There are taxis spread throughout to help with fast travel. With such a small area you would think it’s pointless but it’s great to avoid fights on the streets. These are randomly occurring and you can usually run from them and you should. I felt it hindered progress and after the third chapter, it didn’t net enough SP to be worth bothering with. Eventually, you will be wanted by street gangs and your threat level will increase unless you stop a boss-type enemy. This never goes away and will always go back to 100% so I just ignored them. There are also side activities that are mostly used for dating. That’s another side quest that I didn’t find interesting. You can meet girls through friend events or side cases and later date them by presenting presents. Side mini-games like batting, darts, and gambling can be fun to an extent, but when are mini-games like this ever fun to go back to? It’s just filler content and for achievement hunters really. It doesn’t advance the story or add to it in any way I just felt like all of these side activities/missions were chores to complete.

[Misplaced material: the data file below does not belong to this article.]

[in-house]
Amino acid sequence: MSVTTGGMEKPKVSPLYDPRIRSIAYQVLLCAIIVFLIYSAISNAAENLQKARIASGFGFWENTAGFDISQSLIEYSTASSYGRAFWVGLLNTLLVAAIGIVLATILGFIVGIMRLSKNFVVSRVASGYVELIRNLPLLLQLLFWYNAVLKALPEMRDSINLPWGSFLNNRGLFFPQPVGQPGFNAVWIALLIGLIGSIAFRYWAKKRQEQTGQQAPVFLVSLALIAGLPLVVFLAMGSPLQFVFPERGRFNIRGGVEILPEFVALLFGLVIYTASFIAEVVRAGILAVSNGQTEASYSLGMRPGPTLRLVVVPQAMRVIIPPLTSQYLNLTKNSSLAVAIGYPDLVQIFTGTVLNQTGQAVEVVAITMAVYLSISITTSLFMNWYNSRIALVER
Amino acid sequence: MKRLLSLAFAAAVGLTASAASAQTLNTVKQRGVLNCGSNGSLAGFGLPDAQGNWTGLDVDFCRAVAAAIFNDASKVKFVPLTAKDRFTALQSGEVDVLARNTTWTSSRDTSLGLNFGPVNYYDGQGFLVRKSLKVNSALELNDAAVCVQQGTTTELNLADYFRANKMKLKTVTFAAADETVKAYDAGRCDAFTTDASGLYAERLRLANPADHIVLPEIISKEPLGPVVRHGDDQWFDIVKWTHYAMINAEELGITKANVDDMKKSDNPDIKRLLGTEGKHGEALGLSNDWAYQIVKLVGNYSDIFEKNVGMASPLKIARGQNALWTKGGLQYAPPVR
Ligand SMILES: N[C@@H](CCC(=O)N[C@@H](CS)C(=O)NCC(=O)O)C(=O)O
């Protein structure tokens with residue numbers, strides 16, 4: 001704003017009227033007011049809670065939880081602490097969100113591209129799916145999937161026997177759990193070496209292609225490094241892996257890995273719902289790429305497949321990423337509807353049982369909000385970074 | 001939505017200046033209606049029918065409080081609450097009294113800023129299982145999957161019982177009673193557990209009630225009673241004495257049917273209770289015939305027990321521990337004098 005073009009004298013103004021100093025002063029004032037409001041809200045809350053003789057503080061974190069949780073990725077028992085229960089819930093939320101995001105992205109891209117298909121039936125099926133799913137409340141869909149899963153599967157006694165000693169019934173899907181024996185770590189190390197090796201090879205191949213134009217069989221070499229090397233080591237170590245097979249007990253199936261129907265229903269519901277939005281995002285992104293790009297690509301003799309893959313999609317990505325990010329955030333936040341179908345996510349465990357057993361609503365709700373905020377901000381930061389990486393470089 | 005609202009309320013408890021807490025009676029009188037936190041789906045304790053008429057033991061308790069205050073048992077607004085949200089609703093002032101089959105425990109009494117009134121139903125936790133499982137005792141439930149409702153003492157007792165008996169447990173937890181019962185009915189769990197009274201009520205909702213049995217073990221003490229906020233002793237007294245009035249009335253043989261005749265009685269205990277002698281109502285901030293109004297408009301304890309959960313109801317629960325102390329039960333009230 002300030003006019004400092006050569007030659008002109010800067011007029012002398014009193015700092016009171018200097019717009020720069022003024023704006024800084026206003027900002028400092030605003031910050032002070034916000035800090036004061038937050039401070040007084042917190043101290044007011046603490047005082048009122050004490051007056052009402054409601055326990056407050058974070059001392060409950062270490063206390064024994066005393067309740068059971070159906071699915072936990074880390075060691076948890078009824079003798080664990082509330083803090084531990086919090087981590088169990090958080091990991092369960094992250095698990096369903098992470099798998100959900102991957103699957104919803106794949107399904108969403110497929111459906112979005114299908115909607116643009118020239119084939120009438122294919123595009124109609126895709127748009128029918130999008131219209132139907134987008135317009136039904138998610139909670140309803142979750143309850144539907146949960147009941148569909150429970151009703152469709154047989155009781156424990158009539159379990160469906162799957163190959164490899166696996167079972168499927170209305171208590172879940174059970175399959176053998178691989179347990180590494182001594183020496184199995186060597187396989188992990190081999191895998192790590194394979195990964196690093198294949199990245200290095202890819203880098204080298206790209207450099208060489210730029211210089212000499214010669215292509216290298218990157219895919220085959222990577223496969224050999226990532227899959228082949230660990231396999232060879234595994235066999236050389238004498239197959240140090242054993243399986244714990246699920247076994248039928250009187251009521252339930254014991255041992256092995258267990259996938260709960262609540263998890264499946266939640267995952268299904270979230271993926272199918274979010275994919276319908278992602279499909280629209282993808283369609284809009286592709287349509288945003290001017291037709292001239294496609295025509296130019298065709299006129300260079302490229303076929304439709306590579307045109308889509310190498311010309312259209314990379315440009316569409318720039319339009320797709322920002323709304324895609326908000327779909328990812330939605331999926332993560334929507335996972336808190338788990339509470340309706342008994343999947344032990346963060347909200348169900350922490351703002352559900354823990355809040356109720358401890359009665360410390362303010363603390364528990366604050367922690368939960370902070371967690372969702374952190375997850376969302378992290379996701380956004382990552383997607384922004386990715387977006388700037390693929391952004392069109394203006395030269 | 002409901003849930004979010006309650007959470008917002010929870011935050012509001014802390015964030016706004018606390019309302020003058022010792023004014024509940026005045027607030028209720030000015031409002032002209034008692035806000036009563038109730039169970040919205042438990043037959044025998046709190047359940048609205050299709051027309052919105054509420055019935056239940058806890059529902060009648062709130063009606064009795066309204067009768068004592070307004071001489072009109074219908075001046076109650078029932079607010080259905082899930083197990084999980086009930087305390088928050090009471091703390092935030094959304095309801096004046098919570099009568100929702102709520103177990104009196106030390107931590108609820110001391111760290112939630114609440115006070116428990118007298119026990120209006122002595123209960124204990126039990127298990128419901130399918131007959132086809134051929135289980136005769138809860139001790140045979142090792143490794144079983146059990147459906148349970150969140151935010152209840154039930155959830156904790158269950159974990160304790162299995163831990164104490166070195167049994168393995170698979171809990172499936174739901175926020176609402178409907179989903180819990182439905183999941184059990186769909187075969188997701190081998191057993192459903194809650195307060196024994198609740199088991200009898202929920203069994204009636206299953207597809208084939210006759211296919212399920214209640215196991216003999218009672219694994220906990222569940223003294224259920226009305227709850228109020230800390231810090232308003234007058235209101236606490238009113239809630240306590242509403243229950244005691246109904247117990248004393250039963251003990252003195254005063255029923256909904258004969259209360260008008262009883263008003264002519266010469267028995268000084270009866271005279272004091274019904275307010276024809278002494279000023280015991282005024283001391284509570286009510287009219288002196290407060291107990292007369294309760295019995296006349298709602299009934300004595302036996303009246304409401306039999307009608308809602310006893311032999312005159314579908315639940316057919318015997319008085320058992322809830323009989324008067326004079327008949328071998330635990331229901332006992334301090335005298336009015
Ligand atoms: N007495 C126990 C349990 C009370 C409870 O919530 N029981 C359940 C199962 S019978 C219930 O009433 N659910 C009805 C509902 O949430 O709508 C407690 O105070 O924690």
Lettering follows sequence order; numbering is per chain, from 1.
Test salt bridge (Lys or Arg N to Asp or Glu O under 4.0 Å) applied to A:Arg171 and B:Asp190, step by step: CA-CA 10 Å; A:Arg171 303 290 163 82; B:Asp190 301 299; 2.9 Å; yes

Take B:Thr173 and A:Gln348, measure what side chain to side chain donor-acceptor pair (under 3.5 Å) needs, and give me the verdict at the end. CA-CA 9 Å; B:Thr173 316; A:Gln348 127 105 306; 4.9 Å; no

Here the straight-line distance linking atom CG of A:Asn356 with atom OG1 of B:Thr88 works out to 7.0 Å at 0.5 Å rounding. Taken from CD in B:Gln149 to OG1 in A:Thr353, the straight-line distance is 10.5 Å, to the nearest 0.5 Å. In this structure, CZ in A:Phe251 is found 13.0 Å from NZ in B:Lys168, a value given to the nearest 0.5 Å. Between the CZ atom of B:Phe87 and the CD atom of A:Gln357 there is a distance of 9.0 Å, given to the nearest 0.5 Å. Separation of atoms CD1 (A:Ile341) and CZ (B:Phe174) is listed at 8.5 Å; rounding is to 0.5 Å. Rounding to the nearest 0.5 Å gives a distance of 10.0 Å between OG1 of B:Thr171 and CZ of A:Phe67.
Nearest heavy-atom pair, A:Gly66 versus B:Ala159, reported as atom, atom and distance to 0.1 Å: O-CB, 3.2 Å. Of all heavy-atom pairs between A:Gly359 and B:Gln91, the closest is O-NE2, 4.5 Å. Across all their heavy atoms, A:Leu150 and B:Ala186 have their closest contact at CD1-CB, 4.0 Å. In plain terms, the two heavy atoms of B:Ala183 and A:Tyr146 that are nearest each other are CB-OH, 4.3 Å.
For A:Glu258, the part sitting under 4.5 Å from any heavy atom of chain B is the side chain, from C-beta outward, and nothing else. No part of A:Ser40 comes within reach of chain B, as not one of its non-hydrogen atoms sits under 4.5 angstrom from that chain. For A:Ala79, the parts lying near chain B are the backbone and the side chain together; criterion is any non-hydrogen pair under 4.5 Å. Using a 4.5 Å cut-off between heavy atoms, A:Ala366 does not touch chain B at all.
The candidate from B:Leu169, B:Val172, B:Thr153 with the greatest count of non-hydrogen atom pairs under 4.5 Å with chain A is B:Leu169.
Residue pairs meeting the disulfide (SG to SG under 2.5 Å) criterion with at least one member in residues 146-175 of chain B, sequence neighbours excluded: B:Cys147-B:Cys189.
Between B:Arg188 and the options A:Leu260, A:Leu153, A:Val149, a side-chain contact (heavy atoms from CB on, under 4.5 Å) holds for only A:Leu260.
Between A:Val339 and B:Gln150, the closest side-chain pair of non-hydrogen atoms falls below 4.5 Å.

Let’s get into combat. It’s flawed for sure. While it looks cool and it’s simple to understand it suffers from unresponsive controls and animations that don’t interrupt when you input a command. I always felt like my button presses were delayed. There are two fighting stances. Tiger for one-to-one fights and Crane for multiple enemies. You can pick up objects and hit people with them and there’s a special EX finishing move that you can perform which is key to winning tougher fights. You also have an EX boost which unlocks more powerful combos and increases your defense. Again, a key thing to use to win fights. I just felt like no matter what I did I couldn’t master the system. There is a block and dodge button, but it seems that the enemies are magnetized to you because no matter how much I dodge or run away they always follow me and connect their attacks. It makes boss fights especially infuriating. While I had plenty of items I could use at my disposal to help I wish I could rely more on my skill, but the fighting system just doesn’t allow it.